Ravi Philemon / Writer

Peter faces difficult choices. Peter, who is a diabetic with a heart condition, barely makes enough money to pay the rent on the 3-Room HDB house that he is renting from a friend of his son, pay for transportation costs and to put food on the table for his family of five.

It is a constant struggle even though Peter works as an Administrative Assistant in Singapore Press Holdings and his wife works as an Administrative Assistant in a secondary school. Together, they bring home $1800 after CPF and loan deductions. Of this, they spend $1200 as rent, $400 for transportation costs and are left with a mere $200 to buy provisions and to put food on the table.

Peter often has to scrimp to pay for the medicine he has to take for his diabetic condition. The medicine costs about $250, but he can only deduct $150 from his Medisave account and has to pay the remaining $100 in cash. Peter has 3 children – a 22-year-old son doing his national service and two daughters aged 13 and 10 still in school.

His problems started in 2005, when he fractured his leg in a motorcycle accident. His employers of ten years had to retrench him. As he was not able to service the mortgage loan that he had taken from the bank, he had to sell his 5-Room flat at a loss of $18,000. As his household income is above $1500, he is not able to rent a flat from HDB. He did not have sufficient money to pay the cash over valuation (COV) to buy another flat from the open market. He went to seek help from his Member of Parliament (MP). After an appeal from his MP, HDB referred him to EM Services, which rented him a 3-Room flat at $1300 per month. It was later reduced to $850 on appeal by his MP.

This September, EM Services rejected his application to extend his tenancy after his contract with them expired. When he reached out to some social service agencies, he was advised that they could help by arranging for his children to stay in a shelter but Peter declined this ‘help’ as it would mean effectively breaking up his family. It was at this point that his son’s friend provided a temporary solution for his predicament.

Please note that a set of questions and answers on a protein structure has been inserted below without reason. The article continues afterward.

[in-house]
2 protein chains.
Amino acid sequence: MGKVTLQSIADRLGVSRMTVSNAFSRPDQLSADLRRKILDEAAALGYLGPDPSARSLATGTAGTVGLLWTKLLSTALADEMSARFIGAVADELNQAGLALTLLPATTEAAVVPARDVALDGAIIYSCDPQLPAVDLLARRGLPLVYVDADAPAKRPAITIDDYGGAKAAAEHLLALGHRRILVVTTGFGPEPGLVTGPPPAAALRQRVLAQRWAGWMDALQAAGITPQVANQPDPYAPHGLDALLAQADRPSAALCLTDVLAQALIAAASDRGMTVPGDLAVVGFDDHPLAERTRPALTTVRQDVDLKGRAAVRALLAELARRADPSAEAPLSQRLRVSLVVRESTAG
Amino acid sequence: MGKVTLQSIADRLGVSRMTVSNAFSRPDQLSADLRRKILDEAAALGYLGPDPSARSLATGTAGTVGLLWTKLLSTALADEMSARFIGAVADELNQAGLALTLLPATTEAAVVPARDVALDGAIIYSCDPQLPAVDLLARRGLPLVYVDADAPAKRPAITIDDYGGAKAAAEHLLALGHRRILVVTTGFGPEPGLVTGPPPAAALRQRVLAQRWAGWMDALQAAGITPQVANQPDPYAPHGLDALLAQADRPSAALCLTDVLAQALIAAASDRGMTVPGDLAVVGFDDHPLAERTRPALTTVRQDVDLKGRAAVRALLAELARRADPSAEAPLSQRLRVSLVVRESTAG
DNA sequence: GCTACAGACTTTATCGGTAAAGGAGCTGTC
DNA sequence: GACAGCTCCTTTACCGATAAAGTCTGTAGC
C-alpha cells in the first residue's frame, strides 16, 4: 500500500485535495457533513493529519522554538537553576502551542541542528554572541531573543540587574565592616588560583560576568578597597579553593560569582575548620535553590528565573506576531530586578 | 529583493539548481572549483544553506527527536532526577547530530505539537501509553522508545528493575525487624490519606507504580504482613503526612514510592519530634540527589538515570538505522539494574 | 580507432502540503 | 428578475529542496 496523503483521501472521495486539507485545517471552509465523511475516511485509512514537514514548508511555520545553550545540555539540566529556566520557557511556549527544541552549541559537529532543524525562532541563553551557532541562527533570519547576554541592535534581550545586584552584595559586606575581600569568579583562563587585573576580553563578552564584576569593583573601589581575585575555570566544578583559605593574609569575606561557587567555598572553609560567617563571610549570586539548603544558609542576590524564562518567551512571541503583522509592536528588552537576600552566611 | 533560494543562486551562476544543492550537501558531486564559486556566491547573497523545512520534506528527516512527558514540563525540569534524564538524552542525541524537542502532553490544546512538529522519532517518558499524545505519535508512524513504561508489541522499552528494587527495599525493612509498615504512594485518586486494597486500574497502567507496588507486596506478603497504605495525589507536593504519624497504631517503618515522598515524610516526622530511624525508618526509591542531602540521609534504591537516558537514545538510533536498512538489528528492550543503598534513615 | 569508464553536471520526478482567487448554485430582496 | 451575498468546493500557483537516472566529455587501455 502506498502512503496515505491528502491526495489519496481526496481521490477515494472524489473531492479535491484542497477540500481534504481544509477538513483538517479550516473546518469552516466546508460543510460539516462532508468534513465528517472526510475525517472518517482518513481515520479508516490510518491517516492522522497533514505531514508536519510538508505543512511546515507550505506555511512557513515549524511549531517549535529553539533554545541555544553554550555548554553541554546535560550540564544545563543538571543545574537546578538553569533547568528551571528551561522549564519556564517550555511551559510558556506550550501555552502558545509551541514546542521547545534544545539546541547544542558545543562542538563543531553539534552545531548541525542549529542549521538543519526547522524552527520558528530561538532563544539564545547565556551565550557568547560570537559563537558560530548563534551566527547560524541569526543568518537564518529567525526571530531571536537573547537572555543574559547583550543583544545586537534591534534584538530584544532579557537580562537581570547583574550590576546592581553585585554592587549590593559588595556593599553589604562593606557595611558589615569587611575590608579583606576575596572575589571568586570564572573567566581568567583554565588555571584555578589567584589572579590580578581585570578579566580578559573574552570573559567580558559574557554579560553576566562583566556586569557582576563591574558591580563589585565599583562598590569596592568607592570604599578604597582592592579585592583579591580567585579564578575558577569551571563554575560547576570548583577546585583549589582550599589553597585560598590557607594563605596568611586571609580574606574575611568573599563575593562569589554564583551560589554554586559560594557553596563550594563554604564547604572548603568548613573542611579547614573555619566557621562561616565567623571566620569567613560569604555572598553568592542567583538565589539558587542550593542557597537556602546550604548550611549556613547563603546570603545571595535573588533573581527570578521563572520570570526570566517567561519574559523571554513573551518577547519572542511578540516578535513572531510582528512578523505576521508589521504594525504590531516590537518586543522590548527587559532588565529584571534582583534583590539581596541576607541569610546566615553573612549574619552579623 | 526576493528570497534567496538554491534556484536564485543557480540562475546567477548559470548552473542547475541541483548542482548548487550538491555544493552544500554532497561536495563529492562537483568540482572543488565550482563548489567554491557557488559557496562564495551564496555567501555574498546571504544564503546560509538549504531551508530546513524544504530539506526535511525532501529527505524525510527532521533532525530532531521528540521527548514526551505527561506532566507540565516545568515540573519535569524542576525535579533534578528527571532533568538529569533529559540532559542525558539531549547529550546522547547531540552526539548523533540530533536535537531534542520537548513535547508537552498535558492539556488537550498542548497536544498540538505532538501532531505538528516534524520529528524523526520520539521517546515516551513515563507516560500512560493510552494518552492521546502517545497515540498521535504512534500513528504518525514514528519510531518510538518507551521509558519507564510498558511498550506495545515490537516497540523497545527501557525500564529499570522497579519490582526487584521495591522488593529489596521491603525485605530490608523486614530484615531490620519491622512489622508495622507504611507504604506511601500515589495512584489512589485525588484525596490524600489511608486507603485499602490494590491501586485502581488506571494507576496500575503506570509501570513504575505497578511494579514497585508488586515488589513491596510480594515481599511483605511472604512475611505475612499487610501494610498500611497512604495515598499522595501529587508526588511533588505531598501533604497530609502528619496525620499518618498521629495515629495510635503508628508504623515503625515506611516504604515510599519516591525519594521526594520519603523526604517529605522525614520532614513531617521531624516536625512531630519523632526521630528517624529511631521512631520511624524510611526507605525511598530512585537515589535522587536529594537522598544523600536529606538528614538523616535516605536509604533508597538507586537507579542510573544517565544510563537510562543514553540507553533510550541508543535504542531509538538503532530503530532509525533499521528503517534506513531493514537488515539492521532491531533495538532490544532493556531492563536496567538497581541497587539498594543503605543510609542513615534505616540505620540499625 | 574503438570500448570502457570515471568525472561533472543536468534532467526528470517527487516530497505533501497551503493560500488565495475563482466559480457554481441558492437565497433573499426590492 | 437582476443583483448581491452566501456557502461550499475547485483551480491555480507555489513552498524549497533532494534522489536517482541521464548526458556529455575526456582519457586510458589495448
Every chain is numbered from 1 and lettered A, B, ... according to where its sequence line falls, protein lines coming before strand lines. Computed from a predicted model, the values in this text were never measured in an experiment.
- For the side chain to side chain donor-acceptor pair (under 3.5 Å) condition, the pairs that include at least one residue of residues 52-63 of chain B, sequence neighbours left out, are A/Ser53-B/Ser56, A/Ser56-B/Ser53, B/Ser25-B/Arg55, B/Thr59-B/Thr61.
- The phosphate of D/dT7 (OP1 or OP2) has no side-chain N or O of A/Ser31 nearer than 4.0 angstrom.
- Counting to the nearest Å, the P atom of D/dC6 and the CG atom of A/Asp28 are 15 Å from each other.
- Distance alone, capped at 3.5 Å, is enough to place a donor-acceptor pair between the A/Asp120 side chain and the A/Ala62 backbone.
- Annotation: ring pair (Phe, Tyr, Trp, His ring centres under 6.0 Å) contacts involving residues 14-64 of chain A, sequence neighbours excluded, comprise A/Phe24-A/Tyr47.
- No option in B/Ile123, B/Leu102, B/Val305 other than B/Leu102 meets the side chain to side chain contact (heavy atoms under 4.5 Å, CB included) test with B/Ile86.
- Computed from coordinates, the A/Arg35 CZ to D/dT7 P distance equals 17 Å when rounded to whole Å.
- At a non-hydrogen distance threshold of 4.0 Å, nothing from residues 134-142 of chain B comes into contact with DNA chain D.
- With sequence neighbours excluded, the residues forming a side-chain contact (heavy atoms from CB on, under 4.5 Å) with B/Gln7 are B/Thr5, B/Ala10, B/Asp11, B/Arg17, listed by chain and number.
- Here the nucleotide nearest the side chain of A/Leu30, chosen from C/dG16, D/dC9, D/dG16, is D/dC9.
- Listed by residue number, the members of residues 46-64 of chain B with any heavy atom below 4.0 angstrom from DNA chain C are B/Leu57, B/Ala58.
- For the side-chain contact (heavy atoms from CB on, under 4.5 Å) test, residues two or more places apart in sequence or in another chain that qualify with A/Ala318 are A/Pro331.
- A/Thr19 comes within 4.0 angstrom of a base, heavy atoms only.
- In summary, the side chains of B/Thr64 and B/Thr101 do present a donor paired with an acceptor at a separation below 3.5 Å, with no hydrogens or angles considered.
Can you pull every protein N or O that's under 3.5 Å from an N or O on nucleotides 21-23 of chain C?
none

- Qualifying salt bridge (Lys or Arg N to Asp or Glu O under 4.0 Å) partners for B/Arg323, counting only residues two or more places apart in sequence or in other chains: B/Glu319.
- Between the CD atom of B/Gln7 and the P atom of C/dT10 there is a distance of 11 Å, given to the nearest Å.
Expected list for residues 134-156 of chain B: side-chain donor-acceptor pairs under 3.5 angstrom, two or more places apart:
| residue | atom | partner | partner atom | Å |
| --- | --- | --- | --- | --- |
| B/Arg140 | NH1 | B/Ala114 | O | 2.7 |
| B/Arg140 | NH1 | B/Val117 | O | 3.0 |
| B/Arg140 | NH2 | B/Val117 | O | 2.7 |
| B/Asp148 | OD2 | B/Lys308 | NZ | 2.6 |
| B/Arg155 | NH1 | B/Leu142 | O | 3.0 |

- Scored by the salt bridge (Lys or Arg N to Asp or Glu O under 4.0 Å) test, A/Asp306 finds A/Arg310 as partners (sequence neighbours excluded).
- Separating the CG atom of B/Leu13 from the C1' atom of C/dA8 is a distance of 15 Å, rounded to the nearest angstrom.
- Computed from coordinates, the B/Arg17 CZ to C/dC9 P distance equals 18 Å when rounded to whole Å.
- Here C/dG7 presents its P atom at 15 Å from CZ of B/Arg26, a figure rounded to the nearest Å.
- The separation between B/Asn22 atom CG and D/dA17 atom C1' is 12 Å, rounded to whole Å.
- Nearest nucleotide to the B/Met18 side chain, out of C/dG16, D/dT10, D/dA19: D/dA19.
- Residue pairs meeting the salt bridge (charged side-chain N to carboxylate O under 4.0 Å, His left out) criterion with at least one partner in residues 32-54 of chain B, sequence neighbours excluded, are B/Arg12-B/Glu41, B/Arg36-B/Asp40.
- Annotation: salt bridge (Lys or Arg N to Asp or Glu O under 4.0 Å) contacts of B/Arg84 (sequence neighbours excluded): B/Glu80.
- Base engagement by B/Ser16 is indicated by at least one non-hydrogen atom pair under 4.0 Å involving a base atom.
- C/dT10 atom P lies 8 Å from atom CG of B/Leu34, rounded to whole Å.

“My son’s friend allowed me to rent his house for 3 months. It was very kind of him. But what will I do after the 3 months?” asks Peter. “The government should help Singaporeans like me. But nobody wants to hear my story”, he laments.

Peter’s story is but just one example of a new classification of the ‘needy’ in Singapore. Just like Peter, a substantial number of families in Singapore, with dual income are struggling to make ends meet. We are in the midst of a sociological change where a new class of poor is being created. Many families are in the workforce, many even with dual income; but most of it is based on short-term job contracts. These people are the emerging faces of the new poor in Singapore – a nation which was built on the belief that “if you work hard, you can make it”. But the ladder to a better life for some hardworking families seems to be getting harder to climb.

Sarah a 36 year old who works as an attendant in a home for the aged says, “The work is emotionally fulfilling. I feel like I am serving my parents who are not around anymore. But it is financially frustrating.” Her husband works as a taxi-driver and together they have a combined income of about $2300. Their HDB flat was repossessed by the banks for non-payment of loans, and now most of their income goes towards renting a 4-Room HDB flat. “I have 3 children and my husband’s parents stay with us, so we have to rent a bigger house. After paying $1800 for the rental of the house, I am left with very little for food and other necessities. And during festival seasons, it is even more pressing as my children expect us to buy new clothes and gifts like the other children,” she says, “I think I am a failure as a parent.”

The runaway prices of HDB flats have made home ownership out of reach for this “new poor”. Home prices have risen faster than wages for low-to-moderate-income families. While many jobs are still being created, the higher paying jobs are still out of reach for this “new poor” who often lack diplomas or degrees to qualify for such jobs. These people who work as administrative assistants, taxi-drivers, laboratory technicians, hawkers and teaching assistants, seem to be chasing an illusive Singapore Dream for a better life.


About the author:

Ravi Philemon serves in a community services agency serving the homeless in Singapore. He recently returned from the United States, where he worked in a directorial position for a faith-based community outreach service, serving the homeless.


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